In her first speech as head of the EPA, Gina McCarthy has urged businesses to view climate change as an opportunity. She also said the agency’s experience with auto efficiency standards shows how it might work fruitfully with industry to craft regulations.
McCarthy’s “opportunity” tactic stands in stark contrast to the Republican party line, which paints proposed environmental regulations as job-killers.
“Can we stop talking about environmental regulations killing jobs, please?” McCarthy said in the speech at Harvard Law School. She said the benefits from climate change regulations far outweigh their costs, and that the challenge of cutting greenhouse gases is a “way to spark business innovation.”
The talk marked an opening salvo in a PR offensive, as McCarthy, energy secretary Ernest Moniz and interior secretary Sally Jewell all make public appearances to help push President Obama’s climate plan, including GHG regulations on existing power plants.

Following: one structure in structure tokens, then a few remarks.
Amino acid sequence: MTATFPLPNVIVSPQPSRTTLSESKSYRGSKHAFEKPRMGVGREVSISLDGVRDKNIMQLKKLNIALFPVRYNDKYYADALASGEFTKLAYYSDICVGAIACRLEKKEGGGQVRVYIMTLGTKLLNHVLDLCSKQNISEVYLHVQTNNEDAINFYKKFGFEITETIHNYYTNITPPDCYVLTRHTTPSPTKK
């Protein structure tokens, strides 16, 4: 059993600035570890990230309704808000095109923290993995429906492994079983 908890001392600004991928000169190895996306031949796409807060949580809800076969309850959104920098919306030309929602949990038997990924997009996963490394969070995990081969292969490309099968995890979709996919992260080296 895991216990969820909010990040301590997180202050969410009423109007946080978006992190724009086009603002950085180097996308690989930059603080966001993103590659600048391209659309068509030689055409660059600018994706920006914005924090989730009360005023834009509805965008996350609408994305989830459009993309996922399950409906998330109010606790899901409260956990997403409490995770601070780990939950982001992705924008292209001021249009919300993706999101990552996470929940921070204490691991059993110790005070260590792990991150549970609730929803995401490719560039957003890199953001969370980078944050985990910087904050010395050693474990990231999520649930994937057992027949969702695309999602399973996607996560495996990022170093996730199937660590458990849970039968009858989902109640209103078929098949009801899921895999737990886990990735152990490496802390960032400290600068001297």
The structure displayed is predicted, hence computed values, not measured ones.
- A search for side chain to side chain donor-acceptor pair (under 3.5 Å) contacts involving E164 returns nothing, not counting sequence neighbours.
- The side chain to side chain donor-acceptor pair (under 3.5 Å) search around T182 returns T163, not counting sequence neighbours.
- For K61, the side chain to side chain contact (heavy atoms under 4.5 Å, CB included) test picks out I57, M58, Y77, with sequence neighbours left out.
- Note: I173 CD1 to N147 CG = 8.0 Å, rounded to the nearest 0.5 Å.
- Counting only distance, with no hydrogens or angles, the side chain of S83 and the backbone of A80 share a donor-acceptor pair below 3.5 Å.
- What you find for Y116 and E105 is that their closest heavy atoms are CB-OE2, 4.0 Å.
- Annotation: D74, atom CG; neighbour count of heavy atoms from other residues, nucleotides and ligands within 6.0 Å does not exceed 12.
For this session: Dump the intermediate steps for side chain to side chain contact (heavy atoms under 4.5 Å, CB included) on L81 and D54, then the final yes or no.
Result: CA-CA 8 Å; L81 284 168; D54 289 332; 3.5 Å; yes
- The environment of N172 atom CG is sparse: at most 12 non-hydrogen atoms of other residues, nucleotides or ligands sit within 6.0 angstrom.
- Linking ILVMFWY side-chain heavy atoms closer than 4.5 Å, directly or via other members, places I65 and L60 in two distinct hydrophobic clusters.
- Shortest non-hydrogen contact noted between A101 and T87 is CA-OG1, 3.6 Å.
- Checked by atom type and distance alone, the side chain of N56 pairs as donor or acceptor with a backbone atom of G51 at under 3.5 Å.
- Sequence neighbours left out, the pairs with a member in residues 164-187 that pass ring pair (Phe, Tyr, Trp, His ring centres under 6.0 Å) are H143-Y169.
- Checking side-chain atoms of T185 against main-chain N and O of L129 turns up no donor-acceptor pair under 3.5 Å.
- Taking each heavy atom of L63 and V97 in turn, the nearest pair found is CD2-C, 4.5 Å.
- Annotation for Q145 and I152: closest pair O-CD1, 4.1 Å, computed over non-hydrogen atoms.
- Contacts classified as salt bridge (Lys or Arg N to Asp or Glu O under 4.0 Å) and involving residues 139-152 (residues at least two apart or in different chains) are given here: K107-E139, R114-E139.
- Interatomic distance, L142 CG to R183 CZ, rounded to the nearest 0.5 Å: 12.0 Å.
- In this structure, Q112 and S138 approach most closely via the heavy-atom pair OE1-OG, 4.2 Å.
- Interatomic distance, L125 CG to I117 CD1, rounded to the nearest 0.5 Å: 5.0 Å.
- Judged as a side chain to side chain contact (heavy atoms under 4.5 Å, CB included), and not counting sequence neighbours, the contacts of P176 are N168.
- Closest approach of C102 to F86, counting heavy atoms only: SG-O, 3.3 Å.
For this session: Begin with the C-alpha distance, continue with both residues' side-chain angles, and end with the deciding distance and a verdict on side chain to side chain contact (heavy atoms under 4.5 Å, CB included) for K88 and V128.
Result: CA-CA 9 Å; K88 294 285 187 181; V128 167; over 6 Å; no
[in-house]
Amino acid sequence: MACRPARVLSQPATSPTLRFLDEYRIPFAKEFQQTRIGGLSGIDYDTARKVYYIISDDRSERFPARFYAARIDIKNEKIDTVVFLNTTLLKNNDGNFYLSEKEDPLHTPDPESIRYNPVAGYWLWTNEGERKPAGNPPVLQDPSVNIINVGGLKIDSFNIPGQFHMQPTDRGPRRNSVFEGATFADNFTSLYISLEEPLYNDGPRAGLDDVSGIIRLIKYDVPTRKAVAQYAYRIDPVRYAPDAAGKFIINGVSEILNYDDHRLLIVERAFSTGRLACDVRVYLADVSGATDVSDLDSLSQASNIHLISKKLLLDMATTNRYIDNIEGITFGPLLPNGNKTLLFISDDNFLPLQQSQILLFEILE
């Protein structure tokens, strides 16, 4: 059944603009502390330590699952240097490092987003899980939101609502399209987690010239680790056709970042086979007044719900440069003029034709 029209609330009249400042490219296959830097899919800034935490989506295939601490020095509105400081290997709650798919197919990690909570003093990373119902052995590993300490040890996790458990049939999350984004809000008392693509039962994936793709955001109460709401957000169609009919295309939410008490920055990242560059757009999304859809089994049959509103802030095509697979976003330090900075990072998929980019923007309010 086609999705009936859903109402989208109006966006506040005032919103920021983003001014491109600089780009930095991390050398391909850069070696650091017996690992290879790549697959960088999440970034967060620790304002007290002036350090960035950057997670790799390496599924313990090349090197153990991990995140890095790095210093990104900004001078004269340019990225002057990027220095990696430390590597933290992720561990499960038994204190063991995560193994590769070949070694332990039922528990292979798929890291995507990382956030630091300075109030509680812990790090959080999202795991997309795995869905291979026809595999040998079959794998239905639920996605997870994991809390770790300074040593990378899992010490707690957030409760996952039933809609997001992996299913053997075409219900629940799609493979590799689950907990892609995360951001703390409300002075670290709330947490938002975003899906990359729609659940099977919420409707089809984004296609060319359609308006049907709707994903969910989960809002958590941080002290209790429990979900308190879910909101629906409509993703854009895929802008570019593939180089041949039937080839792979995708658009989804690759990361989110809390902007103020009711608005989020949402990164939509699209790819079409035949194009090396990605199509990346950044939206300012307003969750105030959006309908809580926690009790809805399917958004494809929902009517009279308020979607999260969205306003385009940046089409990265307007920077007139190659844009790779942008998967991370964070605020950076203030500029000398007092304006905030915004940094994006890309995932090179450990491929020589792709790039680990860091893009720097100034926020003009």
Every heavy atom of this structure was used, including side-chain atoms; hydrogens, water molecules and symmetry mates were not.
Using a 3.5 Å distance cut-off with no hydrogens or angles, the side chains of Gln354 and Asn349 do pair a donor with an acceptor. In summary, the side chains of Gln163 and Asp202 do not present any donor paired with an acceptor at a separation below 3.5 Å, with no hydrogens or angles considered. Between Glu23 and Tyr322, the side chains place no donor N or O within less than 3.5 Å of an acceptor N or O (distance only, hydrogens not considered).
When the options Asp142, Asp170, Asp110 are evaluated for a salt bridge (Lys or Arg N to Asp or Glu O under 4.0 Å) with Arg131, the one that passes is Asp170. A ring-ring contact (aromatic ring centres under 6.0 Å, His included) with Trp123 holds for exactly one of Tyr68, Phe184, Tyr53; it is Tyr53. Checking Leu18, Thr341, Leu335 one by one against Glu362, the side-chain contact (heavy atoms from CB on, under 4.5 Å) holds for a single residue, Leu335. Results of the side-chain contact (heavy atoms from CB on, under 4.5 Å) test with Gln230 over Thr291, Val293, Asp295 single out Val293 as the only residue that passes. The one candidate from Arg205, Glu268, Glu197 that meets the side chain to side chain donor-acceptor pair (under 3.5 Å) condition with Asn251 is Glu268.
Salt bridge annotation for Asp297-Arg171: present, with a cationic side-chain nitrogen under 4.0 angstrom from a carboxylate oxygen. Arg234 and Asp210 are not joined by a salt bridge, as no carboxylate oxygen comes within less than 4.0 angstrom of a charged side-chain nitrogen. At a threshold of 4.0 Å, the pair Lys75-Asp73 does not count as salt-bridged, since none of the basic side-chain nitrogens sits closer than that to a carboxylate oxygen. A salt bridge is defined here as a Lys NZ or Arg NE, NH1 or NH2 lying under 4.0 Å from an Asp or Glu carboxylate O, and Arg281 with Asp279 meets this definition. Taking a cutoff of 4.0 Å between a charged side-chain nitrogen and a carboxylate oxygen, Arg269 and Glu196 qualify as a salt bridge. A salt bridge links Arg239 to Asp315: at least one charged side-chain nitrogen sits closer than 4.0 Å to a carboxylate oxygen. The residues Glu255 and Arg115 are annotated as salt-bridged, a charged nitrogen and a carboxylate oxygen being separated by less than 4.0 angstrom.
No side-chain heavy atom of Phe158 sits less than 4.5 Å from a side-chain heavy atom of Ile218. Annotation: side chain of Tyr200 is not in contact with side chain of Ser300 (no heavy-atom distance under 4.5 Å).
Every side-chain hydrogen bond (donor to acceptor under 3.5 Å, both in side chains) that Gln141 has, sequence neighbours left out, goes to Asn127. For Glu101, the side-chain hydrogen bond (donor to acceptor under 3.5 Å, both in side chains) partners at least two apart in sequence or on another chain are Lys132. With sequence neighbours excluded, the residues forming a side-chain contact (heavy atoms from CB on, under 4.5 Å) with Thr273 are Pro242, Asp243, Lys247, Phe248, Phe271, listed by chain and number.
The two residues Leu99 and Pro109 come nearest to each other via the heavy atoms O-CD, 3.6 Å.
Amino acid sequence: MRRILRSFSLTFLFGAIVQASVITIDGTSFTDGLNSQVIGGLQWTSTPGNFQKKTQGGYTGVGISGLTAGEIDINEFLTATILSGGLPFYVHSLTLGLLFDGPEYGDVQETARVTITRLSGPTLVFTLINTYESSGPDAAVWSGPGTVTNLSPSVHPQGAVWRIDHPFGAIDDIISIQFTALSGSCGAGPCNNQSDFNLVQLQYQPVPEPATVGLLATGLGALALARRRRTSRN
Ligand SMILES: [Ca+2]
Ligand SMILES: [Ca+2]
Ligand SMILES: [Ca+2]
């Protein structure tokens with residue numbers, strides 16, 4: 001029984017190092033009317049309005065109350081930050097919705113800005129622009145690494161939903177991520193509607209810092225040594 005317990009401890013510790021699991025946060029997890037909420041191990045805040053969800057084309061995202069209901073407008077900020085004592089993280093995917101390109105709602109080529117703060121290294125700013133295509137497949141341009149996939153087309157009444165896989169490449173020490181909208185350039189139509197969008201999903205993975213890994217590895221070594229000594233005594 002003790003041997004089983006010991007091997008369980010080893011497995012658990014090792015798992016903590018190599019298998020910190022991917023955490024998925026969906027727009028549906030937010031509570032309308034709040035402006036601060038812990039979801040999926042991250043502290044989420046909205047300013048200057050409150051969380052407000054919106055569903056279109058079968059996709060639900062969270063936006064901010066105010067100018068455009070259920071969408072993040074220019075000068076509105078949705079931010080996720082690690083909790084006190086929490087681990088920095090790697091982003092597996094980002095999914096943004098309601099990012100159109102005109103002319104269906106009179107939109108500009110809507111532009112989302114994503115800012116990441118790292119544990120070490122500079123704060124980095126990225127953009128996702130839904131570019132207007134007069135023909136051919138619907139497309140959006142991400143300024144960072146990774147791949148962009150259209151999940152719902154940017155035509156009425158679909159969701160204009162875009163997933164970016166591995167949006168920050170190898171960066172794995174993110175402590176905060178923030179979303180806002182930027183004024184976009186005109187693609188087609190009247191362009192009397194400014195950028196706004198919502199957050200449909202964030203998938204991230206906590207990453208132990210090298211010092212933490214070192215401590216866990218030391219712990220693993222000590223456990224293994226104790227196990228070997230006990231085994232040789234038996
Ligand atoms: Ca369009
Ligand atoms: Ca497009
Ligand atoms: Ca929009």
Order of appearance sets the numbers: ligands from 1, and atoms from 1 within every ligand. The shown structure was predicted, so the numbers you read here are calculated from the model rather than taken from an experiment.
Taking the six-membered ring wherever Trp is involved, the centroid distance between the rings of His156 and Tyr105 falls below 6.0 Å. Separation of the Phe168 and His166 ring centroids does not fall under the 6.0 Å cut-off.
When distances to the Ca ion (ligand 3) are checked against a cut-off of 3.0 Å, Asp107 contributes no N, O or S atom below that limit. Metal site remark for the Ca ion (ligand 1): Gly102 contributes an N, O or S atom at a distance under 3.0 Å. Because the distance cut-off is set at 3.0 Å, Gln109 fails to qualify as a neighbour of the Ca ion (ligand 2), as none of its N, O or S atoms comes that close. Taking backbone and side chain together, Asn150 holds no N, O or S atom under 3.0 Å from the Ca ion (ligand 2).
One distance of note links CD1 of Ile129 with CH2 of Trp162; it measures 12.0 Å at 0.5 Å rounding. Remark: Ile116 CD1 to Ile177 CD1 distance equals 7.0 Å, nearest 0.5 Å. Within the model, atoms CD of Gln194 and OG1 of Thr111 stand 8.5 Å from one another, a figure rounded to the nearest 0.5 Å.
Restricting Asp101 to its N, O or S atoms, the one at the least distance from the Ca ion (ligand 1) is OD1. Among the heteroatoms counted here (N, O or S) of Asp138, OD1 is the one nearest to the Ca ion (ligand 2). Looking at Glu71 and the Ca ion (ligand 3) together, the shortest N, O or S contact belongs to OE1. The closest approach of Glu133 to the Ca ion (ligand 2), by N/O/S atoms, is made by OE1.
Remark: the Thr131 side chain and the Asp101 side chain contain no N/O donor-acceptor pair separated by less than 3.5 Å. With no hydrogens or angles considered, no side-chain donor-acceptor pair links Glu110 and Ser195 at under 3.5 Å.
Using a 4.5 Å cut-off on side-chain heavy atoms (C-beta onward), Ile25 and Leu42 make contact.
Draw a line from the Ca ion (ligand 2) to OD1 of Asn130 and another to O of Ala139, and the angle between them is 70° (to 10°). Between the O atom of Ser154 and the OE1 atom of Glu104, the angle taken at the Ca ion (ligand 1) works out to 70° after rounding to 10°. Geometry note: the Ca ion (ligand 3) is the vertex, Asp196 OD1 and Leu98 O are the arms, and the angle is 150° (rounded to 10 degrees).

Tapping into her reputation as a savvy negotiator with industry, McCarthy said the EPA will try to follow the model it created with automotive efficiency standards. That regulatory push saw major automakers get on board with standards before they were finalized, so industry and government presented a unified public front in favor of the regulations.
So far power companies haven’t shown themselves to be such easy-going bedfellows, but they have shown themselves more favorably disposed to McCarthy than her predecessor, Lisa Jackson.
McCarthy also said the EPA will look to follow the lead set by states and local governments in cutting GHG emissions.
Tamar Wilner is Senior Editor at Environmental Leader PRO.
Picture credit: Elizabeth McClay via flickr